But times have changed and the way we run our lives and food has changed. Kids get more to eat now, and more variety, and yes, that makes healthy dinners harder.

So I'll stick to my mix of tricks: all the things mentioned above, plus bribery a couple of times a week, until the healthy habits stick.

Do you / did you bribe your kids?

Mmmmmm, vegetables...


  1. As a general rule, I don't think bribery is a good idea, especially with young kids who may learn to modify their behavior in order to obtain the bribes. However, I'm sure you know your children and can analyze how it is working, if it becomes a negative thing etc. In other words it could be tricky, but I think you know what you are doing, and yes, sometimes whatever works...My son's specialty is fruit smoothies with added ingredients like spinach or broccoli. He makes them with his boys so they see what goes in them and they drink them right down. What ever works.

    1. That's a good idea. I used to make fruit smoothies a lot for my kids when they were younger, I might try that.
      And yes, exactly - you need to know the sweet spot and not overdo it. I don't want them to ONLY eat vegies for cash, plus I know it won't work forever. It's a case of often but not all the time, and not forever!

  2. I did indeed grow up with the 'eat what is put in front of you' philosophy. And well remember (in horror) being served the same piece of liver for three consecutive meals. In the end my mother told my father it had gone off or it would have continued to appear.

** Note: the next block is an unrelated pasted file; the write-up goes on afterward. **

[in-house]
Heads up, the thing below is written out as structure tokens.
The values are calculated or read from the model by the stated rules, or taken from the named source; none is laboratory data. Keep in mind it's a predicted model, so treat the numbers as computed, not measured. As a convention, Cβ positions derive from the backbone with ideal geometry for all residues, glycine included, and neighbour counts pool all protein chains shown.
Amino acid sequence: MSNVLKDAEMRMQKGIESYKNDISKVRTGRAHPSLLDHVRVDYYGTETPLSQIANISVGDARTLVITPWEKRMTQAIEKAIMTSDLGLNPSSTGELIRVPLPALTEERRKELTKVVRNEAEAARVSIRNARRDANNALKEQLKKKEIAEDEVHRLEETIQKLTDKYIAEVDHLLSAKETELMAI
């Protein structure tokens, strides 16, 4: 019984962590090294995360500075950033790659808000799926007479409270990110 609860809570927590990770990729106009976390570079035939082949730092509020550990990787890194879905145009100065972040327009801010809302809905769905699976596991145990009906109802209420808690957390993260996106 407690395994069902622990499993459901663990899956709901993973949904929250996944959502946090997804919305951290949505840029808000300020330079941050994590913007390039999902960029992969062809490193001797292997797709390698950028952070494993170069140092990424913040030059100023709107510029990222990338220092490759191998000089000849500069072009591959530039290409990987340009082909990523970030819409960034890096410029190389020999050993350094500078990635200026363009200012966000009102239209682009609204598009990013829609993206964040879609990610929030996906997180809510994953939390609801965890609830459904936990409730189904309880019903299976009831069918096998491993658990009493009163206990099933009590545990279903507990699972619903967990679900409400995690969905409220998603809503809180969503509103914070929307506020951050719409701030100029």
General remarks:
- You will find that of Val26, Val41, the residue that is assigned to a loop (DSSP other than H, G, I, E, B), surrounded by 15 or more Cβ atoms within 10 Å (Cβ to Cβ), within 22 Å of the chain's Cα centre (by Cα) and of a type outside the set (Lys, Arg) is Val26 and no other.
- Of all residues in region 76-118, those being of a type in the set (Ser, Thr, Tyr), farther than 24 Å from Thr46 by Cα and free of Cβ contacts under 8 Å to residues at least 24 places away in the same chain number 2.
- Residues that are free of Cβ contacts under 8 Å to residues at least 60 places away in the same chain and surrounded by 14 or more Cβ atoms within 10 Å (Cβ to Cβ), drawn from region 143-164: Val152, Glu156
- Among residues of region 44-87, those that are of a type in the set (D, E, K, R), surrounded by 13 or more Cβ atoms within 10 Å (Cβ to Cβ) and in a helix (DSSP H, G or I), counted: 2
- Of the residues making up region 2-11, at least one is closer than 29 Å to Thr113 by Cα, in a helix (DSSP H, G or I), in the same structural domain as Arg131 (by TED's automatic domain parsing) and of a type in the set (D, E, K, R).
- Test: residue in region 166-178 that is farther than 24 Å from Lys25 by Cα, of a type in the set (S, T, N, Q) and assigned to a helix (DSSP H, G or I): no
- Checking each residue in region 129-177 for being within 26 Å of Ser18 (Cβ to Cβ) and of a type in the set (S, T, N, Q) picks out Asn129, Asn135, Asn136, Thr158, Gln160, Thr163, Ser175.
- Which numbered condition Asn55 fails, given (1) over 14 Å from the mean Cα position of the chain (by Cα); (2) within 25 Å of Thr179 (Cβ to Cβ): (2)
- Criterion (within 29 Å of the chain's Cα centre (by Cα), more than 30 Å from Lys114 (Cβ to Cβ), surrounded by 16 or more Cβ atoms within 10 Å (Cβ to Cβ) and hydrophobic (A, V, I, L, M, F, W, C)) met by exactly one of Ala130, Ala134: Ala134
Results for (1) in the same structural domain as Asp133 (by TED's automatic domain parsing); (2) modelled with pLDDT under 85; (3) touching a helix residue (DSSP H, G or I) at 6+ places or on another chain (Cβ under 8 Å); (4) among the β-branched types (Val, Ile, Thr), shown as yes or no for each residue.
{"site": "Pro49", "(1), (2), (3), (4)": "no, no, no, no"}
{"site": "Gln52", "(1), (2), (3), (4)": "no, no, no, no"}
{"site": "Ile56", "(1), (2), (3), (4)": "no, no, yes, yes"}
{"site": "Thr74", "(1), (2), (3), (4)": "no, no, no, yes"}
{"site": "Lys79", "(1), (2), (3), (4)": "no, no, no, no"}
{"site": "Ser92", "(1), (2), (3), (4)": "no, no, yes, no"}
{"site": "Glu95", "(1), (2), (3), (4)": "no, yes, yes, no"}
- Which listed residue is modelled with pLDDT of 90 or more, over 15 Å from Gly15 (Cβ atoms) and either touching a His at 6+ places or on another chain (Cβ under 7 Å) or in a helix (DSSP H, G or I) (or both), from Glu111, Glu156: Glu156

No children here - but if it works - do it. Though there is not enough money in the universe to make me eat liver.

    1. Oh dear, yes I think I would need a pretty good incentive to eat liver!
      That's a good point too, not to expect more from kids than we ask of ourselves. I don't push red meat on my daughter A too much, as she has never liked it, though I ask her to try it every now and then, because it packs much more of a nutrition punch than white meat and we get sick of all the chicken. But I respect the fact she doesn't really like it.

    2. I remember liver. Sliced very thin, dipped in flour and fried quickly so It didn't dry out, often mixed with bacon and kidneys, served with mashed potatoes, green beans and a nice rich gravy made from the meat juices in the pan. We had it every week. And we liked it.
      I tried it on my kids, but they didn't like it so I didn't force the issue, they ate plenty of other meats already.
      They did get tiny bits of liver or kidney mashed into their baby foods, but when it was a separate item on their plates none of them liked it. They got that from their dad, he refused to touch it also.

    3. Perhaps try cooking red meat in a different way? For instance does she eat meat pies?
      If she'll eat pies, then make thick casseroles with the red meat and turn them into a family size pie for dinner.
      When I was small I had trouble with red meat, (muscle meats) usually because back in those days most meat was "well-cooked", so dry and tasteless, I would chew and chew and not be able to swallow my chops. Now, I still hate the taste of lamb chops but can eat a medium rare steak with no trouble at all. I was fine with organ meats, see above, also sausages.

    4. Great suggestion River, thank you. Yes she does like some meat pies (not my home made ones!) so I'll try the casserole suggestion.
      Also the way you describe liver makes it sound pretty good!

  3. Jackie, I think you are good parent not tough one. Eating veggies is very important for childre,. Definitely eating vbeggies with chocolate is disgusting idea.